The first thing I did was to wash all of the parts. Then I removed that ghastly block of resin from the aft piece using my motor tool and cutting close to the model, but not too close. I then used my files and removed the remaining resin. Next, I needed to fill in all of the bubble holes, including repairing a few of the 'lower braking thrusters' that had bubbles in them as well. For these I used Squadron Green putty. I filled in the bubbles on the various locations and then sanded them smooth.

Next, I removed the vertical vanes from in front of the cockpit viewports and replaced the frames with trimmed pieces of plastic sheet. I also filled any indentations left after the vane removal process.

I carved out the nose intake with a pin-vice and used a blade to square off the top and bottom of it. I then used my blade to score and carve two small, shallow triangles above the cockpit for the braking thrusters.

Something that I found unique about this model is that it is a recast of the original Aurora model. According to the build-up article by Michael Dentzer, he mentions that a small rounded triangular shape just in front of the semi-circle row of braking thrusters is missing on the original. Yet on this recast it is included. However, none of the other corrections that are needed (for example the semi-circular thruster locations mentioned above) are included. Odd. Though I admit, the corrections are easily done through a little carving and the adding of small parts, and most of all time.

After carving I dry fit the fuselage parts together and noticed that, though a 'lip' was included, that wasn't going to be enough to hold the pieces together. So I decided to insert two brass rods next to each other with a small space between them and used 5-minute epoxy on them.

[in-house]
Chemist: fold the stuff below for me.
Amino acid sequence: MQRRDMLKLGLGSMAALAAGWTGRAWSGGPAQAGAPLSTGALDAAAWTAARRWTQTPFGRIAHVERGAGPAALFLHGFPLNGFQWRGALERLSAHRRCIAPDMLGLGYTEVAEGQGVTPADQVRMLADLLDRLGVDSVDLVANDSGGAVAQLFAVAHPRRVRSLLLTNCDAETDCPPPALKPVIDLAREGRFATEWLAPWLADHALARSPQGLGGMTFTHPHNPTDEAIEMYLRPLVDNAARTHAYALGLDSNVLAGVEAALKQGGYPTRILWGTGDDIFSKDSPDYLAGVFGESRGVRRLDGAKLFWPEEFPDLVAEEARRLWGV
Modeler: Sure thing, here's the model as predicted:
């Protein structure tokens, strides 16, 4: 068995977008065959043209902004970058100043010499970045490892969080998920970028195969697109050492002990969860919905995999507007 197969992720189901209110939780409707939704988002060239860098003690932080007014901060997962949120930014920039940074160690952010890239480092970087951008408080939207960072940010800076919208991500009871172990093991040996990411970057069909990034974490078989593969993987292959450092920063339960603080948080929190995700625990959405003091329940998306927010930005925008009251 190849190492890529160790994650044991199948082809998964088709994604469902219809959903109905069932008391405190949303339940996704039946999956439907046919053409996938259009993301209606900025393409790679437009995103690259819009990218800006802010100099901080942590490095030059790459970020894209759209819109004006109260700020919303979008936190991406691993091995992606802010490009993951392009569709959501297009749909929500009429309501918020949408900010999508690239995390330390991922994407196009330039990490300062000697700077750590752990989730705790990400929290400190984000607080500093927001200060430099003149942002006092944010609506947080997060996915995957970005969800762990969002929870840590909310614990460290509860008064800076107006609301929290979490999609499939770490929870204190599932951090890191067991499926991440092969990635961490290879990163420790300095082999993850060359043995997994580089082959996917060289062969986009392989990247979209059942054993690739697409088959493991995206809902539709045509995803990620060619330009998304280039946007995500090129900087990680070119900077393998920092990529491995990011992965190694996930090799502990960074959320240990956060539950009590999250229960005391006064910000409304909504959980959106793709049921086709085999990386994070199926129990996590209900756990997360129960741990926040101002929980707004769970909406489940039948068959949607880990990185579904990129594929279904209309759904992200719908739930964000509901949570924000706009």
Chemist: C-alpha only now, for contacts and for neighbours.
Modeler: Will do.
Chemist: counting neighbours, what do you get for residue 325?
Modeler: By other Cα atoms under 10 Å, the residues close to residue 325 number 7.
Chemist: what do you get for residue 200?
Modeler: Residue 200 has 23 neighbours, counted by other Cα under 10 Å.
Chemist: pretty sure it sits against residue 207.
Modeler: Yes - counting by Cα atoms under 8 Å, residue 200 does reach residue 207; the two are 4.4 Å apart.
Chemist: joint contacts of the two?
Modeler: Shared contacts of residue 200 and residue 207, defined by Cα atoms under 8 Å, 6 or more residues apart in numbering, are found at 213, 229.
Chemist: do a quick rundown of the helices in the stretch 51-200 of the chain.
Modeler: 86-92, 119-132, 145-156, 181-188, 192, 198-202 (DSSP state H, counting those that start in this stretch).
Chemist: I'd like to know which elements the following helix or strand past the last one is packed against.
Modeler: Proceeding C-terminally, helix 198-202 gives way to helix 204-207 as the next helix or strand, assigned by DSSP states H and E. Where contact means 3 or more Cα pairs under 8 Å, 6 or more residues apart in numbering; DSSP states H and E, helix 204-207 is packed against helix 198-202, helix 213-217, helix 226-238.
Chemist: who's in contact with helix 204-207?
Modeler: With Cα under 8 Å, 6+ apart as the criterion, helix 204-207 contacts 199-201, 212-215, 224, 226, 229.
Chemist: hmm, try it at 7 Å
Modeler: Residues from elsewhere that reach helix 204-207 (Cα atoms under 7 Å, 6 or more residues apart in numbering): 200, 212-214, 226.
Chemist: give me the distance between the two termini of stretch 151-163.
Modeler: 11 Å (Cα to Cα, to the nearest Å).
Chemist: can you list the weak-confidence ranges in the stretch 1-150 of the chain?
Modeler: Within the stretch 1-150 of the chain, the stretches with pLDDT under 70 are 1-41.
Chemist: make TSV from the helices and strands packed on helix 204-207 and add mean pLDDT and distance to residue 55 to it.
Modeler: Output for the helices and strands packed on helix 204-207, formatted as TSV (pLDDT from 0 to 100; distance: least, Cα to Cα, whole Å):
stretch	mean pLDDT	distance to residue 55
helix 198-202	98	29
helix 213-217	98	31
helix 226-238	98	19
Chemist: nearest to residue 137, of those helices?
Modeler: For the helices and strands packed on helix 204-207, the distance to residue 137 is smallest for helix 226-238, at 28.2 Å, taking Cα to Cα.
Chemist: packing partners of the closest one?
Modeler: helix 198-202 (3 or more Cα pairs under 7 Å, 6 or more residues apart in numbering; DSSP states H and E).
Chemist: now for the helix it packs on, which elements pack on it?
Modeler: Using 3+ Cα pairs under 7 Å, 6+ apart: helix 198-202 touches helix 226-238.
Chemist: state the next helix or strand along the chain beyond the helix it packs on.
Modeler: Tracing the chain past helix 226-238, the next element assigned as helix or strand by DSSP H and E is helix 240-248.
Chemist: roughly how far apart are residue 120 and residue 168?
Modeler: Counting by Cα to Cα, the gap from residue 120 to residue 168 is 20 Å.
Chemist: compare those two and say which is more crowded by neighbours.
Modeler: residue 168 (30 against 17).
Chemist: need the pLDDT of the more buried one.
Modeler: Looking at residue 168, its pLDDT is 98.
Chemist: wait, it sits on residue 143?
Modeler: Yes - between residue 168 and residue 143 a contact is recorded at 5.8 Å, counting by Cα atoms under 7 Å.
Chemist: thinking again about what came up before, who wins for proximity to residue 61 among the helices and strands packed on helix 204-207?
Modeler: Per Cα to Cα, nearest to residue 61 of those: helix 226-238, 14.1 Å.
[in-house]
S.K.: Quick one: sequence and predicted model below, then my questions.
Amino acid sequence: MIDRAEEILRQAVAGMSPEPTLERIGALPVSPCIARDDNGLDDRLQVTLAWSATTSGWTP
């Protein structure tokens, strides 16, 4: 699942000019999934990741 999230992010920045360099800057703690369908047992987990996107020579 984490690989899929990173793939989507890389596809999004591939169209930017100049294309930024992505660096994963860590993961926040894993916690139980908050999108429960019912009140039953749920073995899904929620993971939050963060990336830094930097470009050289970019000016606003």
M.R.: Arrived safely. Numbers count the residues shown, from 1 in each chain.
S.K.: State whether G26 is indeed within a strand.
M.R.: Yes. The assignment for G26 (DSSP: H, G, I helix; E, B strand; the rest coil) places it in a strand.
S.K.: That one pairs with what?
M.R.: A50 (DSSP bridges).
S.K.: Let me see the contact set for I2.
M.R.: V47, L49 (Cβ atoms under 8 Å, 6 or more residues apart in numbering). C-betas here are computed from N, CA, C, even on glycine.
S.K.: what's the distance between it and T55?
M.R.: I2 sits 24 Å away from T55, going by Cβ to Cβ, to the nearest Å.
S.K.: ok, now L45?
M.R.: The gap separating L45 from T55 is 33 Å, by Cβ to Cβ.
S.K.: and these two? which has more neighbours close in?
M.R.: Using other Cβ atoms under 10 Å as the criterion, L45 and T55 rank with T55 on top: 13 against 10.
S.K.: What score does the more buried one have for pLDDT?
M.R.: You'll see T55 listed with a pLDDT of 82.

After it had dried, I began dry-fitting the wings to the fuselage. That's when I noticed that the panel lines did not line up properly. And there was a bit of a warp-like gap between the aft wings and the fuselage. Not much, but I puttied it in. (Though upon reflection, perhaps I should have put a little bead of putty on the edge before gluing the pieces together, and then smoothing out the rest). After a little trial-and-error, I finally decided to also add brass rod between the wings and fuselage. I inserted two rods per wing to ensure that it stayed centered and wouldn't come apart easily. I then attached it with epoxy.

Once the plane was put together, I needed to deal with the missing braking/separation thrusters in the semi-circle configuration. For these I used what Michael used for his Aurora kit; round, white, medium size plastic pin heads. I used white ones because the other colors show through a white primer and white base coast (personal experience).

After all of the parts were glued together I began to putty. Using the self-same Squadron Green (mmm... smells nice) I puttied in the seams, mainly between the two wing pieces. Unfortunately, because the pieces don't line up evenly, I had to carve them in to try and connect them with as small a seam as possible. Once the puttying and sanding was completed, I began the task of painting.

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^Panel details

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^ Markings

Below: Closer looks at the:

Image: Nose

Image: Mid-section

Image: Aft section

[The base]

^ Completed base